Robert William “Bob” Galvin is recognized as a pioneer and innovative champion of Six Sigma. Bob Galvin was born in 1922 as the son of Motorola founder Paul Galvin. He went to work for Motorola in 1940, and was named president of the company in 1956. Bob subsequently succeeded his father Paul as CEO in 1959 and served in that capacity until 1986.
In 1986, he left the role as CEO and remained the Chairman of the Board of Motorola. Along with Bill Smith and John Mitchell, he implemented the Six Sigma methodology at Motorola. Under his leadership and influence, he grew the company from $216 million in sales in 1958 to $6.7 billion in sales in 1987. As a result, the company was awarded the first Malcom Baldrige National Quality Award from President George Bush in 1988. Six Sigma was subsequently adopted by General Electric (GE) under the leadership of Jack Welch. Jack Welch was quoted as saying, “Six Sigma changed the DNA of GE.”
In 1979, Motorola realized the full extent and damage being suffered by the company. Galvin began to realize the extent which it had lost market share in many key segments, including televisions, car radios and semiconductors. This realization brought on an awakening by Galvin. Motorola was at a major turning point and things had to change!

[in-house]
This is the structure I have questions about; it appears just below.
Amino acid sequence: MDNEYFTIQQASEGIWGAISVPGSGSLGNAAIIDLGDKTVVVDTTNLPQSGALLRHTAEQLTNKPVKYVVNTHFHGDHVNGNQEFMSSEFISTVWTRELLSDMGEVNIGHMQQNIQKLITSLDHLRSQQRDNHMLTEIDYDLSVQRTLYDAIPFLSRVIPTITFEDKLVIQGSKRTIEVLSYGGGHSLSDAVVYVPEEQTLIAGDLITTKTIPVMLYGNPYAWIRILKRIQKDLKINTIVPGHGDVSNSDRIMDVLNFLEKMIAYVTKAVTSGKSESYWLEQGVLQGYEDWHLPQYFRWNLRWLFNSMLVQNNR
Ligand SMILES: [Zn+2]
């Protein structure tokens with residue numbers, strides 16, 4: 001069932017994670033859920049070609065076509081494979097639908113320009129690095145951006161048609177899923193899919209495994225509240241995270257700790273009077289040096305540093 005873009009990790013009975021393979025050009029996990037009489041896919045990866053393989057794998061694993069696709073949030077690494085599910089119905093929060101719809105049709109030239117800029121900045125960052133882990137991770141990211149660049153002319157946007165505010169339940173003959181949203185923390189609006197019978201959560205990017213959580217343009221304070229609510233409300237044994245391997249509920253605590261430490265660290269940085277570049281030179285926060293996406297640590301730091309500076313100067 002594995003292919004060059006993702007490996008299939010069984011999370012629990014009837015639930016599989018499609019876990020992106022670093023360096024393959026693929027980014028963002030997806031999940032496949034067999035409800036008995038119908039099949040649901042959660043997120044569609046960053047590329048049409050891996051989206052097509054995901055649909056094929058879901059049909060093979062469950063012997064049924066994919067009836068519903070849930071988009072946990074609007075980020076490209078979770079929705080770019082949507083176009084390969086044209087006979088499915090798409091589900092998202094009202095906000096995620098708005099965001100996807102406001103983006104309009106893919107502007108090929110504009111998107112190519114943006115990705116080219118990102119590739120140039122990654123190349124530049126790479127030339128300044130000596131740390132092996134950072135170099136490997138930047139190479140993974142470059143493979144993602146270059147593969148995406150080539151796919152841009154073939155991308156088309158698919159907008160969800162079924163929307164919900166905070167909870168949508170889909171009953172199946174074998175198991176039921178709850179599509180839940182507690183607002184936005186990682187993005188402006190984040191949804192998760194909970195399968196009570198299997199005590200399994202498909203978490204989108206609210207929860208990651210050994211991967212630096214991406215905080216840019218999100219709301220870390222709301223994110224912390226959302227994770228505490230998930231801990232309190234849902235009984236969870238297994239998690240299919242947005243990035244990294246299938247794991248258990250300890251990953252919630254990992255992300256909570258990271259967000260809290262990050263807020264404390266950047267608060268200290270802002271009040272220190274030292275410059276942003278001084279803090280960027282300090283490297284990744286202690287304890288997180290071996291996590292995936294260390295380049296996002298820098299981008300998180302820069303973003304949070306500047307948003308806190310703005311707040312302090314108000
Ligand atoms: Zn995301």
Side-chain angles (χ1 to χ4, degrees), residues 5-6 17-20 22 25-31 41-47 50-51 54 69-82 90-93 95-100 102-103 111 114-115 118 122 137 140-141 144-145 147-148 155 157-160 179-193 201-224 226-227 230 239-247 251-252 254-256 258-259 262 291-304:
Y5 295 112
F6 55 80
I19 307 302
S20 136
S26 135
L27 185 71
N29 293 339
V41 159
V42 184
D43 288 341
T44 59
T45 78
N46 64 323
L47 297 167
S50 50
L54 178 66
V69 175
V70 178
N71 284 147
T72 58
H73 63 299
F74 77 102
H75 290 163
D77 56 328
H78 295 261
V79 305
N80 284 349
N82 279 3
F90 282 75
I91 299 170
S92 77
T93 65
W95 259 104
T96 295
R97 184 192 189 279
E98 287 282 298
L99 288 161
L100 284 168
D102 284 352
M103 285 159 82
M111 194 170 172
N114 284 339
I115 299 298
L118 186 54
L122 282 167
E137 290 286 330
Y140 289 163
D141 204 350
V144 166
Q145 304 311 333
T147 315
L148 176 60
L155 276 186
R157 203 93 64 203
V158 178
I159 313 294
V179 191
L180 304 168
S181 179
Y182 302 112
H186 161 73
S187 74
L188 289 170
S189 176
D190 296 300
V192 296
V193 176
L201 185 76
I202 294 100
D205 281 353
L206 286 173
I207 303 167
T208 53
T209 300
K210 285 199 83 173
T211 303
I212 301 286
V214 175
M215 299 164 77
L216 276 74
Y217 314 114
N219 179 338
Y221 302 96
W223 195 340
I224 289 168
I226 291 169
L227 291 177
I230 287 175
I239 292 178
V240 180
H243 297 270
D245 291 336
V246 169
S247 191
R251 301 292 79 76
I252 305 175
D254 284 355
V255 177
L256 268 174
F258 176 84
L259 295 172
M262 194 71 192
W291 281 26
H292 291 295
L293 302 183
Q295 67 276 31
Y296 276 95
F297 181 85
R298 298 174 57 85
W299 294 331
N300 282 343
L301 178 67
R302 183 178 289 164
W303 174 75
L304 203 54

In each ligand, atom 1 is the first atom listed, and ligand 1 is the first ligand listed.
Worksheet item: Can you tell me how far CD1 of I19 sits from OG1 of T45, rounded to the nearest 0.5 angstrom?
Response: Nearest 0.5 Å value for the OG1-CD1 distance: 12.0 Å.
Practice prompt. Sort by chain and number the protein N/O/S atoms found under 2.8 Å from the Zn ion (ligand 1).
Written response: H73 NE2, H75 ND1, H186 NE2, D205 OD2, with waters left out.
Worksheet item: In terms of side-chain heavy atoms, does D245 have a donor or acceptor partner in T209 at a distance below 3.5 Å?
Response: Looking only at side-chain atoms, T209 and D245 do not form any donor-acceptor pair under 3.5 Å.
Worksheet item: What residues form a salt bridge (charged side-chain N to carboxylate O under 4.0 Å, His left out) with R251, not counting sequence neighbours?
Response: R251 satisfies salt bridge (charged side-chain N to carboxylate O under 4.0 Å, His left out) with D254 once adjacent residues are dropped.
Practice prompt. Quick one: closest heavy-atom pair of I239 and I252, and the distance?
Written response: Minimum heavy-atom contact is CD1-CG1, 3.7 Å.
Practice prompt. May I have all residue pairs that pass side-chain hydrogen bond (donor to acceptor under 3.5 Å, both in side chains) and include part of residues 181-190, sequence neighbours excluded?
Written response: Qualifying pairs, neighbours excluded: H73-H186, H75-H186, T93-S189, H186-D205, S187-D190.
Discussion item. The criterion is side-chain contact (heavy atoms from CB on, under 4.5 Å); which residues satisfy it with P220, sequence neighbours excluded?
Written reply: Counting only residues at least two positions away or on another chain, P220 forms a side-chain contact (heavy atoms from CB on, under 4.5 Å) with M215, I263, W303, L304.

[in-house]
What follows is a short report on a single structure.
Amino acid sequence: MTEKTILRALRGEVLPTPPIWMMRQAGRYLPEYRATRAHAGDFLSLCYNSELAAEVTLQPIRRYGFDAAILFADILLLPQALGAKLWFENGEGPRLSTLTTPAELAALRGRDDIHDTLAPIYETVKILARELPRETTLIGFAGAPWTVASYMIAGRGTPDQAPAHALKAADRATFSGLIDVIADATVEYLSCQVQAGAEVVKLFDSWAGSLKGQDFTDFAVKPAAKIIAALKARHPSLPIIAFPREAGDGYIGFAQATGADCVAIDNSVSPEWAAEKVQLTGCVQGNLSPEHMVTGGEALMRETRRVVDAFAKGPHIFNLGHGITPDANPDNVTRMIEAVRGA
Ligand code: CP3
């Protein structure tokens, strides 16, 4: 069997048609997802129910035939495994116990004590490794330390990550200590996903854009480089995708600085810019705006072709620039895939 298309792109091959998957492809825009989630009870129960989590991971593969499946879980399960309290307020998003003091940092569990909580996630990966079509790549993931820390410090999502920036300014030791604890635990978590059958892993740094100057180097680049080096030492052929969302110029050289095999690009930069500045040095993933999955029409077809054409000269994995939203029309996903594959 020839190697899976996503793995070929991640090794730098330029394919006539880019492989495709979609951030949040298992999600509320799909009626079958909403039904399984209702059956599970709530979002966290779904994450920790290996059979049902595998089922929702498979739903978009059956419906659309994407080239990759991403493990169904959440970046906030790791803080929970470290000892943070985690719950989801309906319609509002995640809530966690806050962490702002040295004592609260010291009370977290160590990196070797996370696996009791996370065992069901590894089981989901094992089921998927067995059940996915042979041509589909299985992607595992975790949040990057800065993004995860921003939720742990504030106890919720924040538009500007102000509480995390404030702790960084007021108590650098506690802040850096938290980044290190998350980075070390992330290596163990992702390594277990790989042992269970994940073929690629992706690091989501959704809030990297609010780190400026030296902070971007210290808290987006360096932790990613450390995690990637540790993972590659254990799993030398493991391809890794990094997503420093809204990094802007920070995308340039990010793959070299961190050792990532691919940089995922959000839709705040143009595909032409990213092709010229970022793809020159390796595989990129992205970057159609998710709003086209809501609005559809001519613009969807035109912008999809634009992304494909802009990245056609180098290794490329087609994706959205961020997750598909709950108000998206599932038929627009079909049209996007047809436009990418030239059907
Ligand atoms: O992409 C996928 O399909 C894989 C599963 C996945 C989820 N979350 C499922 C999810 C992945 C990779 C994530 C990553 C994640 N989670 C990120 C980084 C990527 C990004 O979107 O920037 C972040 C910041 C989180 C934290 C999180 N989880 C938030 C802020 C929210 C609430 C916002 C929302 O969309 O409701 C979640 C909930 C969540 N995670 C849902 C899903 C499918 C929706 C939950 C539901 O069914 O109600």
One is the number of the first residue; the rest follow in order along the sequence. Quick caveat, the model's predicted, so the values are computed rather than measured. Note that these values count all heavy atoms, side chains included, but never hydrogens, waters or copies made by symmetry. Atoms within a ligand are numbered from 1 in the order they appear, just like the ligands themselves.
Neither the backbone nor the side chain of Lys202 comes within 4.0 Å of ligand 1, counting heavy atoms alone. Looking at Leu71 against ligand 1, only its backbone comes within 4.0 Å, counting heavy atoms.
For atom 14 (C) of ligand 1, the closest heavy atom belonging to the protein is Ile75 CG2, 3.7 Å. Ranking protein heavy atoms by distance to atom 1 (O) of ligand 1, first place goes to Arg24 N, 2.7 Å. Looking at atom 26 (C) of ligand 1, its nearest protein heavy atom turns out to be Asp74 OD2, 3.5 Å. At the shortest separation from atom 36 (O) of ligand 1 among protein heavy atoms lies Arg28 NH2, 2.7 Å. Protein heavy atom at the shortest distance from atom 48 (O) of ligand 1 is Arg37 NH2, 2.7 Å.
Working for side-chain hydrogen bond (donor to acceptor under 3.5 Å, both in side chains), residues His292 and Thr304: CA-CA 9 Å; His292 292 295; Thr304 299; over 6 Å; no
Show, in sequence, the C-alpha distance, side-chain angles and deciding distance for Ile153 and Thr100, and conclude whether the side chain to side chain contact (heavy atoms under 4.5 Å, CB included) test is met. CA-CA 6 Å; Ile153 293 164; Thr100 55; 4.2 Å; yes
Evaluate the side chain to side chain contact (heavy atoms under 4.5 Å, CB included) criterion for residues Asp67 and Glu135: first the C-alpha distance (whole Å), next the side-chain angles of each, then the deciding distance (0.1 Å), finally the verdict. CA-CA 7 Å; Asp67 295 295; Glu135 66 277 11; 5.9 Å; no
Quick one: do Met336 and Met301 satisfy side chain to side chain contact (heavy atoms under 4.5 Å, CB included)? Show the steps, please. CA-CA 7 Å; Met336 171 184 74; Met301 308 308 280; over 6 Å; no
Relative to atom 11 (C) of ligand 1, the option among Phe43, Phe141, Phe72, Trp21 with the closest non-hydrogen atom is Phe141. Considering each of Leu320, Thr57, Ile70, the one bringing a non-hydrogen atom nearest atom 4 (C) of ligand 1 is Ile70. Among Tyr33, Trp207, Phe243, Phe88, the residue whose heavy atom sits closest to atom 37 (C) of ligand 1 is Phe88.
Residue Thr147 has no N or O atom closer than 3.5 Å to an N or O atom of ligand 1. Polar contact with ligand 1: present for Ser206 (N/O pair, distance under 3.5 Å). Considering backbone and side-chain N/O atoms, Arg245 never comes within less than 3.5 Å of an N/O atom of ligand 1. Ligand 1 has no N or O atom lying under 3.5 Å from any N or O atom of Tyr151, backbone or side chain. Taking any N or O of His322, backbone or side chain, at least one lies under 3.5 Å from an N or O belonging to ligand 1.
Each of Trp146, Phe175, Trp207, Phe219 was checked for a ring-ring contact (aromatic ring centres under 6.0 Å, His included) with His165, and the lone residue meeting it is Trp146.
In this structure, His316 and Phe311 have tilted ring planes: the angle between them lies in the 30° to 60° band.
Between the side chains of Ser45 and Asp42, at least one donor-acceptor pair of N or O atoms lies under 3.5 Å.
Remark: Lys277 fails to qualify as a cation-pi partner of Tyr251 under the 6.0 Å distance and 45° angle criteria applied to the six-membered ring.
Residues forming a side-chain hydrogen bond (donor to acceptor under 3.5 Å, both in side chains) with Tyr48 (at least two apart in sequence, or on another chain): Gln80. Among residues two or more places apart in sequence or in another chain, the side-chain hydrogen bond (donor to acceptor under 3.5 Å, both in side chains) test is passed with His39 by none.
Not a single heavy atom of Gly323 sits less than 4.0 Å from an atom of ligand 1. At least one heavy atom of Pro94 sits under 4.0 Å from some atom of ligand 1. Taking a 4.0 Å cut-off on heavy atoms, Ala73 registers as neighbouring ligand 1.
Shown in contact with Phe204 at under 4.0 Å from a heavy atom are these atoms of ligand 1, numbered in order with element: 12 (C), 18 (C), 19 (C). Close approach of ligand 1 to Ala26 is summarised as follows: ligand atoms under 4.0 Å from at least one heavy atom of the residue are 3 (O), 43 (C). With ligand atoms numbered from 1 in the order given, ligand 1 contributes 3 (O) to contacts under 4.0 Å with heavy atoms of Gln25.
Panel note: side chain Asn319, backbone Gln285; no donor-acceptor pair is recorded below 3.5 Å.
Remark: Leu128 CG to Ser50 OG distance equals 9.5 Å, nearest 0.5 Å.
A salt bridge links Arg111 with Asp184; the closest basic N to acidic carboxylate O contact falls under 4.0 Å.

Galvin understood that business performance would improve when the quality improved. With his team in place, Galvin set in motion a powerful change strategy focusing on the culture and quality at Motorola. Even though he was firmly committed to these changes, he found that they were not enough. Galvin embarked on massive change that required going from a 10x quality improvement to an 1800x quality improvement. He put trusted leadership in place that he knew could get the job accomplished, and they embarked on this path of profound change.
Over the years, Motorola perfected the Six Sigma process within the organization. The leaders struggled to continually improve their methodology and found their much needed success. Their approach became scientific and deeply analytical. As time passed and leaders grew, matured and improved their commitment to quality, so developed their Six Sigma practice. Motorola quickly became the gold standard for quality and the vision of all sectors seeking the same goals. Galvin’s unwavering focus to the practice of Six Sigma and the absolute power he entrusted with his team, reaped unsurpassed results. They understand that measurement was everything!
The practice was formally embraced by Motorola and was put out across the business in over 52 locations worldwide and in 15 different languages, all within a year.
Bob Galvin, Motorola and Six Sigma will forever be recognized as the champion of Six Sigma. The legacy remains strong, and their success represents the hard won efforts of visionaries seeking absolute quality and performance improvement.